The food and beverage sector, within the hospitality industry, has exploded the last couple of years with the wake of digital. Eateries and brands are finding extraordinary ways to distinguish themselves, showcase their value and engage with an experience-centric market. Millennials have redefined expectations and paved the way for the rest of the population to followed suit. The days of stumbling into a restaurant at the end of the day may not be over for all of us, however, they’re likely nearing with the up-incoming generations. Business owners are faced with the challenge of standing out in a constantly evolving and competitive space.
A Picture Presentation
The foodie scene continues to boom year-over-year with social media forming and expanding communities of like-minded enthusiasts. Not only are patrons favouring product and dining choices based on the recommendation of social media influencers, they’re also altering their eating habits and preferences. Traditionally taste has been the most important factor in a meal, however, the presentation is quickly taking over. One in five Brits has shared a food picture in the past month, according to a supermarket survey. With that mindset, people are choosing more photogenic dishes with texture and brighter ingredients over conventional cuisine that may actually be more savoury.
Bars, restaurants, grocers, private and enterprise brand labels, caterers, chefs, recipe creators, bloggers, and product inventors, are all switching-up how they present themselves to tap into the foodie trend and increase product desire. The modern Chinese restaurant Tattu is a clear example of how polished plates complete with colourful garnishes can create a new dimension for food and drink, triggering all of our senses, to satisfy more than just our taste buds. In Tattu’s case, floral accents and dark minimalistic plates make their food pop in photos to create an undeniable ‘wow’ factor. The brand’s Instagram page, followed by 37.8k, boasts photos of their salivating menu items and captures the venue’s ambience across their two locations in Manchester and Leeds.
In the food-and-beverage sector, mobile apps are most notably activated in the ‘on-demand’ economy, exemplified by JustEat, Deliveroo and UberEats, and their success has trickled into the ‘eating-out’ culture with operators introducing apps to streamline processes for people on the go. For example, the Starbucks app lets customers place their order before reaching the store, allowing them to pick up goods without waiting in line. According to 2018 statistics, the coffee giant’s move to mobile was extremely well received by consumers and is now ranked the most popular proximity mobile payment app, staying ahead of Apple Pay and other competitors. This standing is strictly for ‘tap-to-pay’ services and there’s no doubt adopting mobile early, entering the market in 2010 four years before Apple, contributed to their ability to attract a large active user base. Since then, they’ve released new features within the app including payment integration and loyalty programmes to incentivise repeat customers, whilst making ordering easy and personalised. Mobile transactions now account for 30% of all Starbucks payments.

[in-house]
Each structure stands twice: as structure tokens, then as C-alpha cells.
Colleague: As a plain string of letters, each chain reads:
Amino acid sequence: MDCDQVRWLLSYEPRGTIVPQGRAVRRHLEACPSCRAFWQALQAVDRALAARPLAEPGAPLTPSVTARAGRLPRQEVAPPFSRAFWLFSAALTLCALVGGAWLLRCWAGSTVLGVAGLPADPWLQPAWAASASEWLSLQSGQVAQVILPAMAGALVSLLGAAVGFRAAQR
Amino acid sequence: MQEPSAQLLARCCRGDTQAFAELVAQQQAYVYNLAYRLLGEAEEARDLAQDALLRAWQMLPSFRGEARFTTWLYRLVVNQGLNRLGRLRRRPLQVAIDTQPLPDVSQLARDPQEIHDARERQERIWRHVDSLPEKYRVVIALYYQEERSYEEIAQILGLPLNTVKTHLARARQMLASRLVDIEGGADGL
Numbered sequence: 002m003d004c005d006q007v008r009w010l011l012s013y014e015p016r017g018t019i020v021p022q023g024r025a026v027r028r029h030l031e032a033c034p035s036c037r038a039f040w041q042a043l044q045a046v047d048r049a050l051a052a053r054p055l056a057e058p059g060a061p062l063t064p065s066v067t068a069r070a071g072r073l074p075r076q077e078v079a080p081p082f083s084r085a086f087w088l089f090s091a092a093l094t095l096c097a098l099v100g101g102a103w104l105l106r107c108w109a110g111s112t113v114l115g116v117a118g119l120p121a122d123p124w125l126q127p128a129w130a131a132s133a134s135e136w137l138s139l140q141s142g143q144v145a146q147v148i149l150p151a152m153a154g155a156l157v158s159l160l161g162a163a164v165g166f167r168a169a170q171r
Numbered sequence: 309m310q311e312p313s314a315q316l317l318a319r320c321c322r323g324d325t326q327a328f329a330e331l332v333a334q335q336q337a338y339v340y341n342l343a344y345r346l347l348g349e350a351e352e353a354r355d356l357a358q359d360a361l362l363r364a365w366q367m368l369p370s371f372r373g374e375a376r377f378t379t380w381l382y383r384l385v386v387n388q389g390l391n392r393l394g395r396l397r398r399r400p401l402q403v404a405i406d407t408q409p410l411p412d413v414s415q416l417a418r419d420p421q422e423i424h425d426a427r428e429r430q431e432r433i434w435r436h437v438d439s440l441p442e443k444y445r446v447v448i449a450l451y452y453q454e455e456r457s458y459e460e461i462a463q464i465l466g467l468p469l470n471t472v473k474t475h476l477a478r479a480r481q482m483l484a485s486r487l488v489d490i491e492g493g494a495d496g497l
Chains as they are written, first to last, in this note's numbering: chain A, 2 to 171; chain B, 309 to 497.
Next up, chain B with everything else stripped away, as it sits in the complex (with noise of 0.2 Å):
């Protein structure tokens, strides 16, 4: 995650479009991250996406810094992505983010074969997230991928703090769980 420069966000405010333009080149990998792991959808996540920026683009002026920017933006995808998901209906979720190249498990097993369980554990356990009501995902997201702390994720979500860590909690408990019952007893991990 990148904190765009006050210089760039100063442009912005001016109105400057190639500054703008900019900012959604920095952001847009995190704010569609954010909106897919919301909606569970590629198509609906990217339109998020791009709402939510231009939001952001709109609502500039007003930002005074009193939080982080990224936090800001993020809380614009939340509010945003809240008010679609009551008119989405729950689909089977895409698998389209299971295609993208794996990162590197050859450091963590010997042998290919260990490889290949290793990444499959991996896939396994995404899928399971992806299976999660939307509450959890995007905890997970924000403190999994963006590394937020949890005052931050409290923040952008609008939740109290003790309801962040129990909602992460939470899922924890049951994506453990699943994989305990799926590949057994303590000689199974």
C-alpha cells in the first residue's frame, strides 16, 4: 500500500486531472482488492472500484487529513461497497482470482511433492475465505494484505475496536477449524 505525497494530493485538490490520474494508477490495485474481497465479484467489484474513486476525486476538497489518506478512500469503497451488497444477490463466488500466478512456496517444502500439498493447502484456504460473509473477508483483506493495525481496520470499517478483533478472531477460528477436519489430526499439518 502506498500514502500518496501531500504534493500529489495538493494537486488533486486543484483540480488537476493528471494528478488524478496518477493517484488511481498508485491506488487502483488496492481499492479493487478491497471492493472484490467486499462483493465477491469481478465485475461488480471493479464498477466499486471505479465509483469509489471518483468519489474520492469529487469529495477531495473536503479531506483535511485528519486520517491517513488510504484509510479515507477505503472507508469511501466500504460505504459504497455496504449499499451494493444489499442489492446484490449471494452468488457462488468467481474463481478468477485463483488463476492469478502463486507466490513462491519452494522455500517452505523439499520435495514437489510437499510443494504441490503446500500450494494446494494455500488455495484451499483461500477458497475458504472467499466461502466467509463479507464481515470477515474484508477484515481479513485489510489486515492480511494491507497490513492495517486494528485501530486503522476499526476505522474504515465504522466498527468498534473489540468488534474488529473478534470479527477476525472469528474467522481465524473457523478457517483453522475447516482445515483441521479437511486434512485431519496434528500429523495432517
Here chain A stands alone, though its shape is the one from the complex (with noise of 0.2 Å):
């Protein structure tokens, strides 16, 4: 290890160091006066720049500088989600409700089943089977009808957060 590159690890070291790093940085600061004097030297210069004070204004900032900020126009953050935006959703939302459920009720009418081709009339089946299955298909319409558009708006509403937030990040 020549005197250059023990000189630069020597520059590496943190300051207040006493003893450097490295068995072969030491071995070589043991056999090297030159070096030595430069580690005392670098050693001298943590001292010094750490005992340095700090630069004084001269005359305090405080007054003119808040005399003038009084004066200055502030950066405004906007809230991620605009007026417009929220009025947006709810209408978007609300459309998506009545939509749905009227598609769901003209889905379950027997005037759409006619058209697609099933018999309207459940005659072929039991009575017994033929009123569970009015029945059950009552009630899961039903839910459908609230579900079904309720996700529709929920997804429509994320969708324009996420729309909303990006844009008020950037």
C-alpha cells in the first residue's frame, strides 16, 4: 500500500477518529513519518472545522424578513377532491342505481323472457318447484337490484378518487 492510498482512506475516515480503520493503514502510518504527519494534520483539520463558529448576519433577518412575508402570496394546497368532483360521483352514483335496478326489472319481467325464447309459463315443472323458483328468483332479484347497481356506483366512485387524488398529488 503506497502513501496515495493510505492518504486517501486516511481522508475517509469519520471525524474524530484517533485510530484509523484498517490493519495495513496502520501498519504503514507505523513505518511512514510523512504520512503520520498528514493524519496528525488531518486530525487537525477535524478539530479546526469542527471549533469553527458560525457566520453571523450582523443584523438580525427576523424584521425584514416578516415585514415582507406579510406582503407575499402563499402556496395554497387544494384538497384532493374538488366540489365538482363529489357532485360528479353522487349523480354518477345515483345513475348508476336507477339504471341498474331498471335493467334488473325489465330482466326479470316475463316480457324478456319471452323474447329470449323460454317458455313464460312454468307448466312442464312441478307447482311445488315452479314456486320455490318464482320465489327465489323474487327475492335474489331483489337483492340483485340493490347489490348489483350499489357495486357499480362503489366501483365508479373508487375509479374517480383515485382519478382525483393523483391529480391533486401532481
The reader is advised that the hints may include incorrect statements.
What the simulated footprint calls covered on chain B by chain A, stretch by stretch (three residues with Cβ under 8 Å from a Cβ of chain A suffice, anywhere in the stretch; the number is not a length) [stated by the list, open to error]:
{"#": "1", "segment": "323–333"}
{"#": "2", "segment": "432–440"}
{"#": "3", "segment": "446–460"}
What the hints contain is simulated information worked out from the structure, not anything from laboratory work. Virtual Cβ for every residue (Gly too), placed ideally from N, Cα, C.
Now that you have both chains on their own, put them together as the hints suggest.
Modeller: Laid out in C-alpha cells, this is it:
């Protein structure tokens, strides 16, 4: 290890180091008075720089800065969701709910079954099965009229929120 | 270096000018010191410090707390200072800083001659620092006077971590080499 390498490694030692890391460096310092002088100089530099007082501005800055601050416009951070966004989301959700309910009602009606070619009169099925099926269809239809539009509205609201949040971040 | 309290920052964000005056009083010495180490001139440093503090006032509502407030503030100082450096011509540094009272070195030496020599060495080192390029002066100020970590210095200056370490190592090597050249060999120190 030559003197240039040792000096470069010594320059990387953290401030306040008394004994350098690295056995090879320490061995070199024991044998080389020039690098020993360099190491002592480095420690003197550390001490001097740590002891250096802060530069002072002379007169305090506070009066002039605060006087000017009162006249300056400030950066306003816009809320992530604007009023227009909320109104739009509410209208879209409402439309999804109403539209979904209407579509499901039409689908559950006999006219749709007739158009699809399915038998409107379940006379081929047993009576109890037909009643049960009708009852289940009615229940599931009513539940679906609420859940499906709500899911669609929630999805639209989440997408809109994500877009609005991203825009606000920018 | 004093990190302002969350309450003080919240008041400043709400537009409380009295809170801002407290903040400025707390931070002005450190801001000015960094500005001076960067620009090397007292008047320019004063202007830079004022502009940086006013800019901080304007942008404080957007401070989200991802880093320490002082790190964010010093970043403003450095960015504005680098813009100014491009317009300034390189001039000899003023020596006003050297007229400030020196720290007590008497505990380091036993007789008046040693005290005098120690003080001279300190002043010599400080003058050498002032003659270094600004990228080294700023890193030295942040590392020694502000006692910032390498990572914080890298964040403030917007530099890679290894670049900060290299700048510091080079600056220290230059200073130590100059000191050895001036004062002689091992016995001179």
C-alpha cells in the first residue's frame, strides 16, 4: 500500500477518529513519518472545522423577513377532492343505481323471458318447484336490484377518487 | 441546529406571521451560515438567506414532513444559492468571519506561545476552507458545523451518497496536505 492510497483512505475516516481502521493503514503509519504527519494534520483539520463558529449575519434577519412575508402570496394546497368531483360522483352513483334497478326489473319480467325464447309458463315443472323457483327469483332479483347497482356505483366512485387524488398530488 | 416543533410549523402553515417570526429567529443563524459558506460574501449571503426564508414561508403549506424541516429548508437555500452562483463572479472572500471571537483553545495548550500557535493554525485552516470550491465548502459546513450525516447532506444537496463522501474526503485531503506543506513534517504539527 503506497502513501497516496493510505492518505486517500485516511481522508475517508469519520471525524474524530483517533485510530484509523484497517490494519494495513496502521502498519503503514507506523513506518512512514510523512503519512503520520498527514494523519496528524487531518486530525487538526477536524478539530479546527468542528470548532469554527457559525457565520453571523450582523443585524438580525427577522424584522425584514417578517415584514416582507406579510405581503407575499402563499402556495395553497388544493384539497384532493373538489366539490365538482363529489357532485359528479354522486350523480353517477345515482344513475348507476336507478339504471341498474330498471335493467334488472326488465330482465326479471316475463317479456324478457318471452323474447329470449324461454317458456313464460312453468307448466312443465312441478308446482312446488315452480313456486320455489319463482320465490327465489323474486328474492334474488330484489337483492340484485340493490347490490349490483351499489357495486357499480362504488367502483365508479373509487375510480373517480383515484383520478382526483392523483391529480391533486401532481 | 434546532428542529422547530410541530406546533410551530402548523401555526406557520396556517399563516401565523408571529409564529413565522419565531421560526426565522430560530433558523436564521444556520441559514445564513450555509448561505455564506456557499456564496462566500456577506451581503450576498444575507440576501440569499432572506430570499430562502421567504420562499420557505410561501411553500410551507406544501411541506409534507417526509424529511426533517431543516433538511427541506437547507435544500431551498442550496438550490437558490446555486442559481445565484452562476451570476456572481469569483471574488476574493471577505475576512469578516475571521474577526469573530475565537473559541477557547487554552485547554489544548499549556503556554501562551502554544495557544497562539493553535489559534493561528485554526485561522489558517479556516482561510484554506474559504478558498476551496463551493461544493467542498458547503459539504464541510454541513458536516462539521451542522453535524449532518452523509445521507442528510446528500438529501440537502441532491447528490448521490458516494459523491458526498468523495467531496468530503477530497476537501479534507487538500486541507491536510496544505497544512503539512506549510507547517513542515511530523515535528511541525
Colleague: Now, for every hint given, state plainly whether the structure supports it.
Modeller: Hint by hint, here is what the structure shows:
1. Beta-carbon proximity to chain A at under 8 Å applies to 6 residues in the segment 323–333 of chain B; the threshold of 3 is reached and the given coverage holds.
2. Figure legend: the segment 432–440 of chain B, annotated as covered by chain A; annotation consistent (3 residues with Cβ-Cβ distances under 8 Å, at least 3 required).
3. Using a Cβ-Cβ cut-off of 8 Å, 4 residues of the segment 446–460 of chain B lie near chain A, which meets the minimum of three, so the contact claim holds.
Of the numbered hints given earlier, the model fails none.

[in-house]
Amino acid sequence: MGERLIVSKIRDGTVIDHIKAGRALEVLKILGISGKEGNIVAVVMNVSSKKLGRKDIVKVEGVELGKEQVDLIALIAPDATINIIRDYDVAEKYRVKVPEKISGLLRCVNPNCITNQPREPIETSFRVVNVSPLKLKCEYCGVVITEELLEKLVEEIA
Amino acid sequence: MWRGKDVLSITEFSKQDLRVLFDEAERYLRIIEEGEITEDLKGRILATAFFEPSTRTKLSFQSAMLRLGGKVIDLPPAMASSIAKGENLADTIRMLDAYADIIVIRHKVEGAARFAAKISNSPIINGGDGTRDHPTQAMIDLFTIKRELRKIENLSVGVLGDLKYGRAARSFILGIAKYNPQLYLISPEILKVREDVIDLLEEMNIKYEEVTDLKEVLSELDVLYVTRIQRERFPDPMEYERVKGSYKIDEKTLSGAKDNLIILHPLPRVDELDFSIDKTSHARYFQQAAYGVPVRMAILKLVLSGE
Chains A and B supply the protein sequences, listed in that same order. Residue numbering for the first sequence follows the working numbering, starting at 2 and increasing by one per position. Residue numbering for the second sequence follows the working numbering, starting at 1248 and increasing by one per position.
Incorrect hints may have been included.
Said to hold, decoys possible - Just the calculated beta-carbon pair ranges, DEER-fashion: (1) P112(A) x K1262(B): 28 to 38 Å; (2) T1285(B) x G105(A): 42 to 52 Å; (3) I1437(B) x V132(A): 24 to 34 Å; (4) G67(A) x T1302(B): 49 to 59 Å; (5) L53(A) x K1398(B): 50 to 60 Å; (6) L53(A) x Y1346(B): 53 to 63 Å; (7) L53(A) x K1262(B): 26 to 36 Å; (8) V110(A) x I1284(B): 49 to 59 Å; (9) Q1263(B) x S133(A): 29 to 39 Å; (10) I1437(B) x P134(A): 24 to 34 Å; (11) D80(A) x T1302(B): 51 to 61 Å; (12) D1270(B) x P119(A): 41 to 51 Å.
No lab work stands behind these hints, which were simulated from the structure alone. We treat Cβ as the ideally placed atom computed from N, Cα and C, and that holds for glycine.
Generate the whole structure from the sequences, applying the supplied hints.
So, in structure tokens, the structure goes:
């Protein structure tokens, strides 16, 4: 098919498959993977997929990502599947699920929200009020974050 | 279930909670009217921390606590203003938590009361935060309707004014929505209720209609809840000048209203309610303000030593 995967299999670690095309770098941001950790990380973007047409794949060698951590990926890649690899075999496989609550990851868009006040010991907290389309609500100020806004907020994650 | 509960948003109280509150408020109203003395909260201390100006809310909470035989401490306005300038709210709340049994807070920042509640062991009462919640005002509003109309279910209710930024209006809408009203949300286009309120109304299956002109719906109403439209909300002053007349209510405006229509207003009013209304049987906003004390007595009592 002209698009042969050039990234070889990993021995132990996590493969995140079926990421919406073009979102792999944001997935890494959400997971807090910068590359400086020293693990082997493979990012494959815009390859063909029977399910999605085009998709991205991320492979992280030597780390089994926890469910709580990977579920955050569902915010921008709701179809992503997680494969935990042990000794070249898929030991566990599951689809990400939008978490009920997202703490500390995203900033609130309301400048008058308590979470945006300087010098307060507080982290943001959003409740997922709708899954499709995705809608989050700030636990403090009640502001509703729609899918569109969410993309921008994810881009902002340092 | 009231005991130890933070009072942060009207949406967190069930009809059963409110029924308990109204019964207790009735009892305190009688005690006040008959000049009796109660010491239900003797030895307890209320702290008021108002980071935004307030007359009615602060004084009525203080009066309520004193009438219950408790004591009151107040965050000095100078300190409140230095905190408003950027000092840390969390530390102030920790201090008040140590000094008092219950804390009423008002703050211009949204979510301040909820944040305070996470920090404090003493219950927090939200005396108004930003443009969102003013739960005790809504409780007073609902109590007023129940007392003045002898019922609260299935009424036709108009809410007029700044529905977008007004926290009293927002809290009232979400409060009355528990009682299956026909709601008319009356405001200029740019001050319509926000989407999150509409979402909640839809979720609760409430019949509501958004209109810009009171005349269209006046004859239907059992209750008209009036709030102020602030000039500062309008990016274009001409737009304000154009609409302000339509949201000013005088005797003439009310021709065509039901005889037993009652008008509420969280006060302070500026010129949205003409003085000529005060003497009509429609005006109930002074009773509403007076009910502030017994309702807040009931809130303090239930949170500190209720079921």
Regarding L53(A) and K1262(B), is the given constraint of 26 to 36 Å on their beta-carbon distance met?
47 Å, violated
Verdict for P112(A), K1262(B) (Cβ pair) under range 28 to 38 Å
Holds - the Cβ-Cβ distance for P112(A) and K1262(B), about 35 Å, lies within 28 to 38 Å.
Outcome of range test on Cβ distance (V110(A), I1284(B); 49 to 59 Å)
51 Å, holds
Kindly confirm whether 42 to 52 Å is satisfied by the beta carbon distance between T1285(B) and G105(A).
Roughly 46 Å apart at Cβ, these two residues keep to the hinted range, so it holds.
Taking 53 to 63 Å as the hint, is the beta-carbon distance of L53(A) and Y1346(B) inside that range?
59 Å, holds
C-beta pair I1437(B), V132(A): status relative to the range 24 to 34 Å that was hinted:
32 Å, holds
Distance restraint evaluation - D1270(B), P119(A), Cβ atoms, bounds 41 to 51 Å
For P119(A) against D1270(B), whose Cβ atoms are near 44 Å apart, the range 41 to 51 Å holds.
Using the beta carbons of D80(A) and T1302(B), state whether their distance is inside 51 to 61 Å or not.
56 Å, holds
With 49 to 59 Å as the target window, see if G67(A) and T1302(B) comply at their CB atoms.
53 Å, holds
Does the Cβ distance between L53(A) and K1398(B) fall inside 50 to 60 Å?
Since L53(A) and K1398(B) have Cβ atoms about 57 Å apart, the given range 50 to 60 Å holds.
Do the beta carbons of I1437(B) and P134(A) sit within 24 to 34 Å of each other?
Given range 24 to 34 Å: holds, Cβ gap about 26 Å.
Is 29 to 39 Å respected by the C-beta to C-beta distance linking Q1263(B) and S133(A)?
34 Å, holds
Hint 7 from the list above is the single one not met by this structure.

Needing to reserve a table in a restaurant may always be a necessity regardless of technology, yet the burden of actually doing the job may be behind us with Google Duplex. The new AI, released this month at the annual Google I/O conference, is said to have the capability to impersonate a human. In the demo video, the AI system made two calls; one to a hair salon requesting to make appointments and another to a restaurant to reserve a table. The Duplex system understood nuances in each conversation and reacted accordingly, naturally, rearranging requests with spontaneous speech within the parameters of the controller’s calendar. Spectators were particularly impressed with the robot's ability to sound human with inserting ‘ummms’ and ‘uhhh’ and other filler words. The Google Assistant is expected to roll out to the public, as an experiment, within the coming weeks with the hopes to increase bookings in smaller service-led venues that may not have an online booking system.
Convenience is King
Fast-moving consumer goods (FMCG) often excel in the marketplace due to price and convenience. These items, including pre-packaged food and beverages, are often purchased regularly out of necessity and Amazon has made strides to build brand loyalty and get these items delivered to customers with complete ease - in the push of a button. Amazon Dash is an automated service connected to Wifi that acts as an ordering tool for Amazon Prime members to replenish their favourite items. There is an individual button available for each brand to place in a convenient position in the household.
The food and beverage sector has evolved massively through digital technology. The dining culture is transformed from years prior with a bigger emphasis on picturesque dishes and social media engagement. Mobile and other hardware devices are adding convenience, eliminating obstacles to indulge, and emerging AI is taking this notion a step even further. As these innovations roll out fully over the next few months, it will be an interesting time to keep a tap into the industry.